Limbic~Region has asked for the wisdom of the Perl Monks concerning the following question:

Tomorrow I will be doing a 30 minute presentation to second grade classrooms by request as a follow-up to career day. One of the key components requested was to involve the students and have them build something hands on. At the last minute, I was told that the computer lab was no longer available as I was going to have them build a small program in Scratch.

I am still going to use the classroom computer with overhead projector for most of the presentation to include showing off Scratch. I am struggling with what to do with the hands on portion (approximately 10 minutes).

One idea I have is for them perform a bubble sort based on their heights. I am concerned about time as well as individuals moving when it is not their turn to swap.

Another idea I had would be for them to do something like a Caesar Cipher where they reveal a secret message by following a simple algorithm (pen and paper).

My OT question to you is: If you had around 10 minutes to give second grade students a hint at computer programming without them having access to a computer, what would you do?

Update: It was a smashing success. I had 30 minutes per class with 5 classes total. The format was as follows:

  1. Short presentation
    1. Why we are here (S.T.E.A.M School = Science, Technology, Engineering Arts and Mathematics)
    2. What I will be talking about = Computer/Software Engineering
    3. What makes a good engineer (math, problem solving, creative thinking, curiosity, etc)
  2. Short Scratch demonstration where I built a program live in front of them (rocket ship that chases the mouse around the screen with an outerspace background and plays a "ray-gun" sound when it catches it
  3. Sandwich demonstration (just jelly since I was concerned about potential allergies).
  4. Live bubble sort demonstration
  5. Question and Answers
  6. Caesar Cipher and Binary Search homework
Now, you are probably thinking how did I cram all of that in 30 minutes with second graders. First, for the Sandwich demonstration I explained that they would be programming me but that if they were loud and disruptive, the program would get confused and crash. Second, I told them that they could only provide an instruction if they raised their hands and the teacher called on them. No one completed a sandwich. For the bubble sort, I had the teacher select 5 to 6 students and had them line up single file. I used an eraser as a token to indicate who was in conrol of determining swaps. I had them each hold a piece of paper with a very large digit 1 - 9 on it. I feel kind of bad about the Caesar Cipher homework though - the secret message that they needed to reveal was "this was fun". Reminds me of the movie A Christmas Story and being reminded to drink Ovaltine.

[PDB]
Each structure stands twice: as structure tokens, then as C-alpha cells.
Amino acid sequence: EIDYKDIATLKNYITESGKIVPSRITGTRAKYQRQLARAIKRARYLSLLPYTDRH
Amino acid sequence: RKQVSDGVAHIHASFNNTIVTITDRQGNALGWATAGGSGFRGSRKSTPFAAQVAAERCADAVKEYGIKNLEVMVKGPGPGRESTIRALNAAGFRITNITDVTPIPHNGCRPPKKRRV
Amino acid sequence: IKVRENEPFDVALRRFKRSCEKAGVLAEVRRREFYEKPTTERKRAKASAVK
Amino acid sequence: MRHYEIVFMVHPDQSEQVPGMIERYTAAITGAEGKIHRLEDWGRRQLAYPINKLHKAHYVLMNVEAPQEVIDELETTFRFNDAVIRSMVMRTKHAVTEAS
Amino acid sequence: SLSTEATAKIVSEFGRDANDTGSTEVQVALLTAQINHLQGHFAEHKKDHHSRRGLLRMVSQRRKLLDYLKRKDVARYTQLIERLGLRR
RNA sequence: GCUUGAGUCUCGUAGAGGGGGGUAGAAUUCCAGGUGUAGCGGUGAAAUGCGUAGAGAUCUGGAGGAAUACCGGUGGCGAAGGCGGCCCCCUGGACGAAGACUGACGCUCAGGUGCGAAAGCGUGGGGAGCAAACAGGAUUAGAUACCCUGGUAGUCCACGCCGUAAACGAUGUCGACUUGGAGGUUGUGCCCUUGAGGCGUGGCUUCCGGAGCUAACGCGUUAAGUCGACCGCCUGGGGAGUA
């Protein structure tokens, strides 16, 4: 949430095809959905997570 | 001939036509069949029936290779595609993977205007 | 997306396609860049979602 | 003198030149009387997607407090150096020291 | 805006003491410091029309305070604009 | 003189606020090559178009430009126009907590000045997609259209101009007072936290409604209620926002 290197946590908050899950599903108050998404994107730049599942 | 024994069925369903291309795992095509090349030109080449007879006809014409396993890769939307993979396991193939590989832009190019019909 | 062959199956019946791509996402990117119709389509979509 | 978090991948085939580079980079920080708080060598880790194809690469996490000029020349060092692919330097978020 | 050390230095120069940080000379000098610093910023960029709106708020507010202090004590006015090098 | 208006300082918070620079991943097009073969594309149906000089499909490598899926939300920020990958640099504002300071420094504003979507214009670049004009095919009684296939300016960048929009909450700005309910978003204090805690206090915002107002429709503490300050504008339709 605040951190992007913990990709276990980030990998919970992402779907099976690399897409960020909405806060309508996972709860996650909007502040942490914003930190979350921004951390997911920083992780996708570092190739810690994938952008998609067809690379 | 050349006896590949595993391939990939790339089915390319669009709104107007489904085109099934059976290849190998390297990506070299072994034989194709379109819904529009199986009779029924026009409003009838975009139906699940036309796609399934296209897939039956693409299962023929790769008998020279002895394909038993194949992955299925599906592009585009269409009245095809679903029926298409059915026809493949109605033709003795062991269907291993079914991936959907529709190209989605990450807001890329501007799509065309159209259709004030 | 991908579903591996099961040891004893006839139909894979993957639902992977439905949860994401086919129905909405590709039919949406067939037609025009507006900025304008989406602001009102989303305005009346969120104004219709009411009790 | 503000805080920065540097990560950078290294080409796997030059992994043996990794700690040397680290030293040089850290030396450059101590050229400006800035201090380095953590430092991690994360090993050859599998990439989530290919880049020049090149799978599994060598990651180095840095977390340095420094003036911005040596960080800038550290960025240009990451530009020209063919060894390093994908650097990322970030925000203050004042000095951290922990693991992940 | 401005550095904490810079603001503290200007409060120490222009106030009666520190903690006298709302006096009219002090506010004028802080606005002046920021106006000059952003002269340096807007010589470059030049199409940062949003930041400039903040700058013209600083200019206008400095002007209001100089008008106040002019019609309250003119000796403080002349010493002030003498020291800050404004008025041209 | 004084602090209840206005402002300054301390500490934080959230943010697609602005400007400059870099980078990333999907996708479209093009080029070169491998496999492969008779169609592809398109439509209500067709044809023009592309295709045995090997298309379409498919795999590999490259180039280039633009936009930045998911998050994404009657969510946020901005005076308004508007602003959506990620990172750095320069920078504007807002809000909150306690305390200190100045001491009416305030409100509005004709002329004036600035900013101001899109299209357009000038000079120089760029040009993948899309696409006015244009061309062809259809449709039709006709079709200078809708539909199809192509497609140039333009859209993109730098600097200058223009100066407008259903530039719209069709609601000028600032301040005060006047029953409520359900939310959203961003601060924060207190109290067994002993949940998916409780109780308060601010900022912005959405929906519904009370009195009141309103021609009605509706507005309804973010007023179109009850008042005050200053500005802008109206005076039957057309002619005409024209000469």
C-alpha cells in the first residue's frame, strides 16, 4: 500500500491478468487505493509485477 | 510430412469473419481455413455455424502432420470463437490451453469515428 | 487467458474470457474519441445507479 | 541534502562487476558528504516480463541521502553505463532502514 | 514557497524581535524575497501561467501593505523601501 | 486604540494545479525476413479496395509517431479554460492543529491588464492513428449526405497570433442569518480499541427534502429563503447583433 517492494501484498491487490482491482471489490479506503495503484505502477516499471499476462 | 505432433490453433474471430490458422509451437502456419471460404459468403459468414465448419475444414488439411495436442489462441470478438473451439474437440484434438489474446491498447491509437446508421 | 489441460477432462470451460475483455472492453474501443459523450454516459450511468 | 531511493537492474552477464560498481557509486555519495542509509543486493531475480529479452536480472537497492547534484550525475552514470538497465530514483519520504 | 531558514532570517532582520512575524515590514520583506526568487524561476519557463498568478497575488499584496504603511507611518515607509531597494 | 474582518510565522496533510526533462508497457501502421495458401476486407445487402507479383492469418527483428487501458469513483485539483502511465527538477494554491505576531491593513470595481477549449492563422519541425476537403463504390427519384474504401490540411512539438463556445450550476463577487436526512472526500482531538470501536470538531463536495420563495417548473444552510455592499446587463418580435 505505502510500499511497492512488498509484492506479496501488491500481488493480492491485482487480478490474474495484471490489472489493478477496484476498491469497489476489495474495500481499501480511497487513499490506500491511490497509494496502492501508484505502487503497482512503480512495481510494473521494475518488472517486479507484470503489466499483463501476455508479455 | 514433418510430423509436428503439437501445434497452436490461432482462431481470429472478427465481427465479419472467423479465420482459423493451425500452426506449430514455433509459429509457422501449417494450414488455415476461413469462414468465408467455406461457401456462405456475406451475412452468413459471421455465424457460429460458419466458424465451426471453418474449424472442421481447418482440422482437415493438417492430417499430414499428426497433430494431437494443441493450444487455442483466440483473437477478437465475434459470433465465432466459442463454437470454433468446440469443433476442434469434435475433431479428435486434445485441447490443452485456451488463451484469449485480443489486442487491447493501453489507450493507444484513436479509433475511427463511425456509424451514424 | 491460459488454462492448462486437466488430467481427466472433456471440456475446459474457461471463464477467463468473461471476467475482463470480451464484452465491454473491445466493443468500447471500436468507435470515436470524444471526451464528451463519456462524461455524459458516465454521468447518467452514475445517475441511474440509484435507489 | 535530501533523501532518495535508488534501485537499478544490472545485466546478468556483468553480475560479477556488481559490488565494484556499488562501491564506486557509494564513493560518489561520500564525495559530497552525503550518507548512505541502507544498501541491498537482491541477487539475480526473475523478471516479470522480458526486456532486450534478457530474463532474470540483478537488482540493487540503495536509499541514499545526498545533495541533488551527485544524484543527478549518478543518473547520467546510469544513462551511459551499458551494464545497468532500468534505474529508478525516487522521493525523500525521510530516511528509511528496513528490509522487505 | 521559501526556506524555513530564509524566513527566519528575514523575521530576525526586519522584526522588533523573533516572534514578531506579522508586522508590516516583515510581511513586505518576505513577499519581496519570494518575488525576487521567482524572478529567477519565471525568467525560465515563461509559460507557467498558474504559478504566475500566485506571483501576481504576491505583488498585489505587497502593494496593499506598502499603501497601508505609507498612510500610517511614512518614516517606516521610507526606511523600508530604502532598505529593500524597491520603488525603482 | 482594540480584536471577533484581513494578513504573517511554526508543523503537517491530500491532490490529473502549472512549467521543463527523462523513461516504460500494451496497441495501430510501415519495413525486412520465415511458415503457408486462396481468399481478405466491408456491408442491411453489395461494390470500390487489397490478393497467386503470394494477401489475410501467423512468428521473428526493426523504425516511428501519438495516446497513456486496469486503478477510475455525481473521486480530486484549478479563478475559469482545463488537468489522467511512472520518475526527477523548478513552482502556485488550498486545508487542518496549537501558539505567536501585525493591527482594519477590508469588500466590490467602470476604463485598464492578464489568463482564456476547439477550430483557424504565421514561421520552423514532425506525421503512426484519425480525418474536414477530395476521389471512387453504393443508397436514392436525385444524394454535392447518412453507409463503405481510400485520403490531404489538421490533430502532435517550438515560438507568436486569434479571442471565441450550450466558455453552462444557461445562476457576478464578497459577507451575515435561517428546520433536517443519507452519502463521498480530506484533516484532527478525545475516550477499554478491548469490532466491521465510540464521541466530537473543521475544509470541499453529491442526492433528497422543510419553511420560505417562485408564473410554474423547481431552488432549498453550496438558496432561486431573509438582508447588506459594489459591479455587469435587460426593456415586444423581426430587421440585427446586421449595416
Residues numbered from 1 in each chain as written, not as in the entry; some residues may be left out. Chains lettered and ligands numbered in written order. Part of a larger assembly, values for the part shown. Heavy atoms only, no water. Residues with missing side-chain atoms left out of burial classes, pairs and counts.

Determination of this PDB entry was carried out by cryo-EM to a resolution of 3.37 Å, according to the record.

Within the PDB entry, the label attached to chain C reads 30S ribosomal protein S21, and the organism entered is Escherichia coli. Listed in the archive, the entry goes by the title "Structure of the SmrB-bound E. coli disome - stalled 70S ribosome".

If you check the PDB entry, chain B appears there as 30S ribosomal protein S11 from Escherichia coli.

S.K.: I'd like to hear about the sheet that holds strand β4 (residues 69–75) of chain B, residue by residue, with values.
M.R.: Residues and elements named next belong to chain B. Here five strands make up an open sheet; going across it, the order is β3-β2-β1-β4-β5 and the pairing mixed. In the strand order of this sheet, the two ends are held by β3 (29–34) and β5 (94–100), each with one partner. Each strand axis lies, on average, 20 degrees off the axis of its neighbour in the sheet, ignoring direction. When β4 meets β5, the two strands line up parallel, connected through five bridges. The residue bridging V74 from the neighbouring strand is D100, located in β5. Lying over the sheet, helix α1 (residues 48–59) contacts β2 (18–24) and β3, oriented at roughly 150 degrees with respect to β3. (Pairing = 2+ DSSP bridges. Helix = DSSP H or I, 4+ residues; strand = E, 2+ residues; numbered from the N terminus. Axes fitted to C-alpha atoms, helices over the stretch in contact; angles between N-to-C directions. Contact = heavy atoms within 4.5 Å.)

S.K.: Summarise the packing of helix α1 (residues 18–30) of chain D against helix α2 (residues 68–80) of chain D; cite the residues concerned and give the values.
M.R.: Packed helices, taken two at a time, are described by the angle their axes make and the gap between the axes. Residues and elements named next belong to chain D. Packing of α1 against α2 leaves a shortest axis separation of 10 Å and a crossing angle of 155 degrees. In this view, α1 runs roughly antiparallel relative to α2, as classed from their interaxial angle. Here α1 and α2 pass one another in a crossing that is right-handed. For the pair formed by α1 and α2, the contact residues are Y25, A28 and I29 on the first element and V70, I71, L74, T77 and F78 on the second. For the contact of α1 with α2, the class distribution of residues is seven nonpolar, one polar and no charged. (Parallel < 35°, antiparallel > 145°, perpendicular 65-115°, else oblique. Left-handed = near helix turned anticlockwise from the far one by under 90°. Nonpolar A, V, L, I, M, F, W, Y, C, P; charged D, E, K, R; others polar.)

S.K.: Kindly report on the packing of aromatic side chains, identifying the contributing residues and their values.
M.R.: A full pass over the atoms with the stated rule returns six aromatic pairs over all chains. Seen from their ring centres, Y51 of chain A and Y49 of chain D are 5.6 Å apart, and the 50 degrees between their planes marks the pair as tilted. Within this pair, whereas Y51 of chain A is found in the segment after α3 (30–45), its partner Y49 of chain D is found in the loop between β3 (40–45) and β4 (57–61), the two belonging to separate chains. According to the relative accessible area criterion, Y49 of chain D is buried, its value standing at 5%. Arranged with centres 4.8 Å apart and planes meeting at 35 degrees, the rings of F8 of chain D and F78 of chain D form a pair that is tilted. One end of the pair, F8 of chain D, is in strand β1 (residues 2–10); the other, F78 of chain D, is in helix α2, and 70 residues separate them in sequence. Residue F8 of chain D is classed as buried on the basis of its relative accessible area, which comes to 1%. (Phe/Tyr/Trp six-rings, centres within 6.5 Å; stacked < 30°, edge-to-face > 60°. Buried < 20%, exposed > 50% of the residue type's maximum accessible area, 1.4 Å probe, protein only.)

Cheers - L~R

  • Comment on OT: Teaching Second Graders Programming

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Re: OT: Teaching Second Graders Programming
by hominid (Priest) on Mar 27, 2014 at 13:41 UTC
    Peanut butter and jelly sandwich. Get a loaf of bread, a butter knife, a jar of peanut butter and a jar of your favorite jelly. Place them on a table, unopened, and ask the class to instruct you how to make a PBJ. Follow their instructions literally, as a computer would, and much hilarity will ensue. Hopefully, it will help them understand the idea that computer don't "know" anything except what they are told.
      I love it. Unless someone suggests something better, I will probably go with this for during the presentation and include the "secret message" in the hand-outs for working on later. Depending on how many adult/teacher aids are in the class with me, I may also try the live bubble sort but breaking down the class into groups so there is no more than 6 in each group.

      Cheers - L~R

        If you do have the groups sorted and there's still some time left, you may merge-sort them together :-)

        Enoch was right!
        Enjoy the last years of Rome.

Re: OT: Teaching Second Graders Programming
by davies (Prior) on Mar 27, 2014 at 13:45 UTC

    Get them to describe everyday tasks. Examples:

    Cross the road? Stop at the kerb, look both ways, then cross. You just got killed. You looked, but your actions did not take account of what you saw.

    Make a cup of coffee? Fill the kettle (the kettle's already full of air) with water (from the washing up - it'll make you ill) etc.

    Do one with the whole class, then divide them into groups each with a different task and get them to "pair programme" it. 3 minutes on the class task, 3 minutes in groups then 4 minutes presenting solutions. This will give them some feel for what real programmers have to look out for.


    John Davies

    Update: I see hominid came up with a very similar idea while I was typing mine.